AA/PPS 02.01.11 - Academic Certificates
AA/PPS No. 02.01.11
Issue No. 5
Effective Date: 5/01/2023
Next Review Date: 4/01/2025 (ONY)
Sr. Reviewer: Assistant Vice President for Curriculum and Academic Programs
Texas State University is committed to promoting proper processes for developing and awarding academic certificates.
Texas State University is committed to maintaining a well-designed effective process for curricular development of academic certificates and for accurate reporting from those certificate programs, as required by state and federal regulatory agencies. Faculty has primary responsibility for the content, quality, and effectiveness of the curriculum. The route for curriculum approval at Texas State is through a process controlled by faculty, which begins at the department, program, or school level followed by appropriate approvals within and external to the institution. Typically, new certificate programs are developed within the framework of the six-year strategic planning processes. The finalized list of all new academic programs approved for further development and potential launch is contained in the Academic Affairs division strategic plan within the university plan.
This policy summarizes the key elements of that process and provides guidance for preparing proposals for new programs and for changing or deleting existing programs. This document also provides guidance for adding, changing, deleting, and reporting certificate data and is intended to help ensure the academic integrity of curricular development. Certificates, as defined in this document, are independent academic credentials subject to the standards of the Southern Association of Colleges and Schools Commission on Colleges (SACSCOC), including those for academic program coordination, faculty qualifications, administrative oversight, and outcomes assessment.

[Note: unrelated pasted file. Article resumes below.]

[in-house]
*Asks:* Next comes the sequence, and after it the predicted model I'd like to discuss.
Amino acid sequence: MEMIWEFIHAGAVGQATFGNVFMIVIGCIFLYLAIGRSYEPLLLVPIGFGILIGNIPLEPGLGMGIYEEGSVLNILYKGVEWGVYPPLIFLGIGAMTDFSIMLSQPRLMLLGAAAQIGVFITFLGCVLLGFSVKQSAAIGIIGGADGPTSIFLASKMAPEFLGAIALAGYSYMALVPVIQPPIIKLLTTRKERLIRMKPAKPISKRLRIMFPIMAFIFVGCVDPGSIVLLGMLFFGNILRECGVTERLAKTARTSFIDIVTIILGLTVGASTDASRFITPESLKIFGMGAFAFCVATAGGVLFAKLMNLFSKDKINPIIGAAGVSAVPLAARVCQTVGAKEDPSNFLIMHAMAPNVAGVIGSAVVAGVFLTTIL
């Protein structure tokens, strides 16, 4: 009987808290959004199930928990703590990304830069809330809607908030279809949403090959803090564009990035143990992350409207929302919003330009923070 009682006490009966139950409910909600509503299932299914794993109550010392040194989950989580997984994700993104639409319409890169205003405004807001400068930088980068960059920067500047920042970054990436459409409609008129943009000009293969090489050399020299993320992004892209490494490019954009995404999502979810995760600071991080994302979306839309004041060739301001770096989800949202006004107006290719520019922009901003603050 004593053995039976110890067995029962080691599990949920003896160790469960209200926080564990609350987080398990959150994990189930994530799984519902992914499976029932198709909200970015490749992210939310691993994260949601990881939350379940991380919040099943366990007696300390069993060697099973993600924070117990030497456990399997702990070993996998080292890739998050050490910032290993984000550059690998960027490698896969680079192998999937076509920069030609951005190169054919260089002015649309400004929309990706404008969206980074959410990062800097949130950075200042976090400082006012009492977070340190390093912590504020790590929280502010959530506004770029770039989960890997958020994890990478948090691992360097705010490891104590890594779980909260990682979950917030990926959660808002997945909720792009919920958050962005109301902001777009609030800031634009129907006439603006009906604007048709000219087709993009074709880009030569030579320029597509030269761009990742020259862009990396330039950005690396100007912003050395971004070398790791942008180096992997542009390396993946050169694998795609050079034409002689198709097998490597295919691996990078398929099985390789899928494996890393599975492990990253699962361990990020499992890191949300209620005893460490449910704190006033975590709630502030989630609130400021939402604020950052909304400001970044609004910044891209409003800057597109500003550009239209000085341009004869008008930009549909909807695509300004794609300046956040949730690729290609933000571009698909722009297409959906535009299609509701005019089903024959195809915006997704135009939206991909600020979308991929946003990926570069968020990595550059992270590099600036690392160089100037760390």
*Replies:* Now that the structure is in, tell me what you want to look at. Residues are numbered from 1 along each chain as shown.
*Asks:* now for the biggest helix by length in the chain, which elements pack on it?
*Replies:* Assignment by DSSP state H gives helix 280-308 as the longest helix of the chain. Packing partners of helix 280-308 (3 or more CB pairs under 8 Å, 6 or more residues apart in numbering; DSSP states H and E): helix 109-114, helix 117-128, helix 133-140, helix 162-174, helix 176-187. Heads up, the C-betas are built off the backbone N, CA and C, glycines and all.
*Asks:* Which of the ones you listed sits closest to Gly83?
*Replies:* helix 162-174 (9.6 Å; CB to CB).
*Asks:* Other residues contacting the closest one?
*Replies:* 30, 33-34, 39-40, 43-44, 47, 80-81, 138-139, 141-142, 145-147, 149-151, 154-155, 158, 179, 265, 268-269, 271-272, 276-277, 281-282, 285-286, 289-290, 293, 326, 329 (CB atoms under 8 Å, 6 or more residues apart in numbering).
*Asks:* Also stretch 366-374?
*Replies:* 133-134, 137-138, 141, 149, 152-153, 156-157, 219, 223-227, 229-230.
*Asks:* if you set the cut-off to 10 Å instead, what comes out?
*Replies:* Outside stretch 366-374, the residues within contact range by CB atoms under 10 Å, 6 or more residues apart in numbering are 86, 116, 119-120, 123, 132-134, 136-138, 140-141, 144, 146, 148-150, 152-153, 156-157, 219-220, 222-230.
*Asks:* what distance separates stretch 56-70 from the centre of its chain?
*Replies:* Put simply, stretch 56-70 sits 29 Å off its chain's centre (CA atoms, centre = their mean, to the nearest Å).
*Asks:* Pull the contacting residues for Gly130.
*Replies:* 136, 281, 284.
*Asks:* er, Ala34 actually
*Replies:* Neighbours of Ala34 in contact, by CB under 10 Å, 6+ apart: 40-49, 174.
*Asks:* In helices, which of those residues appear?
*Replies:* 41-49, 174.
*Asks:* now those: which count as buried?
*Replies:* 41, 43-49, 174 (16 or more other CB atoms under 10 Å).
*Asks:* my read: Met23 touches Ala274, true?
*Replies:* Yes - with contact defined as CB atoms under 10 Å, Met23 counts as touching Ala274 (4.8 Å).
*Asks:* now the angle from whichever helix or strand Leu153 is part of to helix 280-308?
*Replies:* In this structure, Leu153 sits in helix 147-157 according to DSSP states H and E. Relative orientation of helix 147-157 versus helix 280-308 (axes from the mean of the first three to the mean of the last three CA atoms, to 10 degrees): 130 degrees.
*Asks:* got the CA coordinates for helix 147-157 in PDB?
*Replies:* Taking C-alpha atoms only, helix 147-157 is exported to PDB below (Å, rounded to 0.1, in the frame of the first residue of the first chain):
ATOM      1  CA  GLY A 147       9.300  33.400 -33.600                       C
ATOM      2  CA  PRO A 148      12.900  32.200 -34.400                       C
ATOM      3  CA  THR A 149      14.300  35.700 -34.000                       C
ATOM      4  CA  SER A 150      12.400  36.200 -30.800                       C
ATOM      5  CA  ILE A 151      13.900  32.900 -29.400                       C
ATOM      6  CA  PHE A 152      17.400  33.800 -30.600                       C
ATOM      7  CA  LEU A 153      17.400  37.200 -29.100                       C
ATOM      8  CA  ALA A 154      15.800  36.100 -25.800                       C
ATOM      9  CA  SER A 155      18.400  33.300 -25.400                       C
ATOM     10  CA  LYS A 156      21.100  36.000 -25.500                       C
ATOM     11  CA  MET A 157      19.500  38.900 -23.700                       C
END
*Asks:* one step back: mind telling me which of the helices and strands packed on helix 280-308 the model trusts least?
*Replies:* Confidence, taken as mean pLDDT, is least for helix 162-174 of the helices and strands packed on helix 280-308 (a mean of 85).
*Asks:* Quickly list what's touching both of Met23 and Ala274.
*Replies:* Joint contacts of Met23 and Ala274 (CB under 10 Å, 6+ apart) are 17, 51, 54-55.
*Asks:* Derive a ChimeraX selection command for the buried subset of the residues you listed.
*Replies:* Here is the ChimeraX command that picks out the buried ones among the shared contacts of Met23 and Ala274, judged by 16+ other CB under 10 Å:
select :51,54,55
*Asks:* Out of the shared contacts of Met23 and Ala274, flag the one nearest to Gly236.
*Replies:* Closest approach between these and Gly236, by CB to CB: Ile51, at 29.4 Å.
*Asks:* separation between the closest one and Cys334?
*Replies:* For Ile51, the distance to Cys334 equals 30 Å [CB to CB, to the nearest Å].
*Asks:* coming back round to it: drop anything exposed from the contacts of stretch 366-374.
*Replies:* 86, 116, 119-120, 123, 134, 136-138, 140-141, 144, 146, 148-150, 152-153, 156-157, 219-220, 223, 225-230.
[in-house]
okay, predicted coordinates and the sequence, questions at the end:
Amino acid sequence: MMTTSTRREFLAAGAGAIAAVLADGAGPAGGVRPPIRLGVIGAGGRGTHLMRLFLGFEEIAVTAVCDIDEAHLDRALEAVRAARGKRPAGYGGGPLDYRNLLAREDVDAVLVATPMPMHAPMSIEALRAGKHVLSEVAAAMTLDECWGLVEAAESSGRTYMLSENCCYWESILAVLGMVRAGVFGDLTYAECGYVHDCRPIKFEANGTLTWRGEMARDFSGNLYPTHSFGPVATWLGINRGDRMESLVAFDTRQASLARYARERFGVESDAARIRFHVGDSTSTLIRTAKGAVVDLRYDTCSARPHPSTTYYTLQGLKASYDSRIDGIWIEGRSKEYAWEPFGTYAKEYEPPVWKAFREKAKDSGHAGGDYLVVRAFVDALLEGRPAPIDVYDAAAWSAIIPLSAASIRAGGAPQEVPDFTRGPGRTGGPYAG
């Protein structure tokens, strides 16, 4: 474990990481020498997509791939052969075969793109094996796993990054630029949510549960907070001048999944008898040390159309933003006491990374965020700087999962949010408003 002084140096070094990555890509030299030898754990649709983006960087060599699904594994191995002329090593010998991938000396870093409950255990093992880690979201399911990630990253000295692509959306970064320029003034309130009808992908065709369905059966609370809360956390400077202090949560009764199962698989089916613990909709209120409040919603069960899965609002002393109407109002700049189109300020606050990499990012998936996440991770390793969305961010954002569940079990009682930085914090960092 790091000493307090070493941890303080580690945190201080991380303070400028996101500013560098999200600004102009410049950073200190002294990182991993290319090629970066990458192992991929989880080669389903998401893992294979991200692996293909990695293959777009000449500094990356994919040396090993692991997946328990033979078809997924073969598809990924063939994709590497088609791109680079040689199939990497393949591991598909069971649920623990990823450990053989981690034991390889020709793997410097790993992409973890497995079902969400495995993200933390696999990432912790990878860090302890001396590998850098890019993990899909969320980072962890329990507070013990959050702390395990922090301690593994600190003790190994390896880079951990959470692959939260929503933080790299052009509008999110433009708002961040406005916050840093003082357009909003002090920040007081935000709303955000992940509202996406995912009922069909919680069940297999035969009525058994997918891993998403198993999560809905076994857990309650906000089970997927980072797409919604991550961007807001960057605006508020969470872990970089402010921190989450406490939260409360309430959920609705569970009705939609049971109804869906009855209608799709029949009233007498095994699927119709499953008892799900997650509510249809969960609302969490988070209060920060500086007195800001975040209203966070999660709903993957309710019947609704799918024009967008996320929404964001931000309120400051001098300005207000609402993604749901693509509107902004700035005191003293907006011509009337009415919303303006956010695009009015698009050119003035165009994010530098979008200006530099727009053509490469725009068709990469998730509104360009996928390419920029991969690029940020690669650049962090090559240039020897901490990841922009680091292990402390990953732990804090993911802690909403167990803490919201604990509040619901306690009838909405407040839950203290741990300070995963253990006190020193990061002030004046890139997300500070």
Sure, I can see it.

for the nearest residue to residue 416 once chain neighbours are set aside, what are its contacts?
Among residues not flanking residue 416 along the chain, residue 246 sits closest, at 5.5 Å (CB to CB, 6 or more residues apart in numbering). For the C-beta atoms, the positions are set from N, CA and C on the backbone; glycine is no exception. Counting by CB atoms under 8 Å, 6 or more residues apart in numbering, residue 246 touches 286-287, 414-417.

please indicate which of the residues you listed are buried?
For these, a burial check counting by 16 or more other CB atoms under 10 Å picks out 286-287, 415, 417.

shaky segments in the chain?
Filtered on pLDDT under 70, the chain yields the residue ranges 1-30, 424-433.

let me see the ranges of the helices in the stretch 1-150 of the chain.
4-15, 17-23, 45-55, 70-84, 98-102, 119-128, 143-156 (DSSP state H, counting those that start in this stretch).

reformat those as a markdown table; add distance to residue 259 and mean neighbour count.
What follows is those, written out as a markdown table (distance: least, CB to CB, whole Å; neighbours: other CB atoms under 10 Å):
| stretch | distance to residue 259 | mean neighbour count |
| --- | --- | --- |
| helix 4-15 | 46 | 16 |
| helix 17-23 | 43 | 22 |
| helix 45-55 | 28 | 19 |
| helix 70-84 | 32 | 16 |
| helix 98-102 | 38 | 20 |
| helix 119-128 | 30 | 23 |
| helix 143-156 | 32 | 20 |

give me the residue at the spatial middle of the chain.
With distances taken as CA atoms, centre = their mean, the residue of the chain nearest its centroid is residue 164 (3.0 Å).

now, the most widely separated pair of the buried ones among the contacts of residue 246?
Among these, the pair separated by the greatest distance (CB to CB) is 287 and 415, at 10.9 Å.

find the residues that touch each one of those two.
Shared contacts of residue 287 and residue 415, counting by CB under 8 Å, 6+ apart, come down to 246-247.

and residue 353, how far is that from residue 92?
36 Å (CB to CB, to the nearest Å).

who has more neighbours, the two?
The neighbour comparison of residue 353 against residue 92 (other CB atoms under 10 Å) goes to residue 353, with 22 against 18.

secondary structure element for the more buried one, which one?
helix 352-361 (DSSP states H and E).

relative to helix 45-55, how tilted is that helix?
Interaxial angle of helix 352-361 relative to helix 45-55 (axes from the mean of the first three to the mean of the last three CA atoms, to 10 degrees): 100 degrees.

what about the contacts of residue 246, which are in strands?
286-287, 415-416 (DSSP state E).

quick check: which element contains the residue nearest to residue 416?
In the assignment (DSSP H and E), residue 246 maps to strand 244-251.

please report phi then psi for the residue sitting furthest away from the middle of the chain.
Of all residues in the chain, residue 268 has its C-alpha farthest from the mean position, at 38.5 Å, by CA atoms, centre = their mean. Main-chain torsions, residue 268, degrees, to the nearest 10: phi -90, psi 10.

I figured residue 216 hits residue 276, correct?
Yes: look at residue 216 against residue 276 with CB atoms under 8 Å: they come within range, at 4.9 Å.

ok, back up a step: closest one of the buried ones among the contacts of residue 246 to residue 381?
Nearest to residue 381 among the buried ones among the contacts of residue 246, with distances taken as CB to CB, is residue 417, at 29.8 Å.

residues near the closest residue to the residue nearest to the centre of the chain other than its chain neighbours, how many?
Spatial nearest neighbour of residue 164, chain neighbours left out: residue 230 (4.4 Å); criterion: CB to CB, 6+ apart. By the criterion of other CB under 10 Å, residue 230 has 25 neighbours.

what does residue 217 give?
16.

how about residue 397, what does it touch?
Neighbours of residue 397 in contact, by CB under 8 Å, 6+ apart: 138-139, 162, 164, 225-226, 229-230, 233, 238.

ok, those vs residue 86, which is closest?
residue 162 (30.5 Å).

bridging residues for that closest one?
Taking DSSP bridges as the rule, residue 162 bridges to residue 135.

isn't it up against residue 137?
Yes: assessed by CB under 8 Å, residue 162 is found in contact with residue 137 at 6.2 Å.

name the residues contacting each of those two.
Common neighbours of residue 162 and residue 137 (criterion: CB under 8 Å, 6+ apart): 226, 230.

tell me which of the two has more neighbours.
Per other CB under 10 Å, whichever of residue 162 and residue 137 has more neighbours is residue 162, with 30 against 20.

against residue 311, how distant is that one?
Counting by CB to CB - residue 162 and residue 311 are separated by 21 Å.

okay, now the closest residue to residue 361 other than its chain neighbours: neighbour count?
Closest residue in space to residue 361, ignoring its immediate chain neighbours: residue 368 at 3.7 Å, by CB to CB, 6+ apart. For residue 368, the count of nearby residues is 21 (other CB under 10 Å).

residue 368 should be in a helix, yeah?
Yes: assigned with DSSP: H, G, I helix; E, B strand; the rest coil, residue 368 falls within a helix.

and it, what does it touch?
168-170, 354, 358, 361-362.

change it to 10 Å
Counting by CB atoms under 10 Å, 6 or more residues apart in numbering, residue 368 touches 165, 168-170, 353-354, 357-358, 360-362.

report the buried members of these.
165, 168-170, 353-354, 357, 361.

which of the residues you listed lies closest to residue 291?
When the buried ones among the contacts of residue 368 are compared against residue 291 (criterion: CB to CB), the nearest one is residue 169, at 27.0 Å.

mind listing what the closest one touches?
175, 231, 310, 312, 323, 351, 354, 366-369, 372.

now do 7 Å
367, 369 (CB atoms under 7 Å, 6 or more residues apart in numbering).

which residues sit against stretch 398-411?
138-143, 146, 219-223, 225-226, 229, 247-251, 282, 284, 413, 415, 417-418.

All academic programs offered at Texas State are directly connected to the university’s mission. Initiating a new academic program at Texas State is intricately tied to the university’s strategic planning and master planning processes. This academic programming process is faculty-driven and begins at the academic unit where ideas for new academic programs are generated by faculty, in consideration of job market or workforce needs. Departments and schools review various proposal ideas for new programs and forward priorities to the college dean. At the college level, the priorities are vetted by the college leadership and a consolidated list of college planning priorities is submitted to the provost and executive vice president for Academic Affairs during the strategic planning time period. The provost and executive vice president for Academic Affairs reviews all the college-level priorities to formulate the Division of Academic Affairs’ strategic plan. The provost and executive vice president for Academic Affairs and the college deans formally present their plans to the campus for a university-wide process that is inclusive to the university plan. Reviews at each level focus on multiple criteria to include the job market or workforce need, supply of similar certificates from other public institutions in Texas, resources required, existing capacity and quality at the unit level, ability to meet the requirements of the 60x30TX, Texas Higher Education Strategic Plan: 2015-2030, Texas State’s National Research University Fund (NRUF) aspirations, projected enrollment, etc.
The curricula in Texas State’s academic programs embody a coherent course of study in which, as a student progresses through a curriculum, the content of the program demands increasing levels of integration of knowledge. Academic programs demonstrate an appropriate sequencing of courses relevant to the field or discipline, so that course work is progressively more rigorous and demonstrates progressive advancement in a field that allows students to synthesize knowledge and grow in critical skills.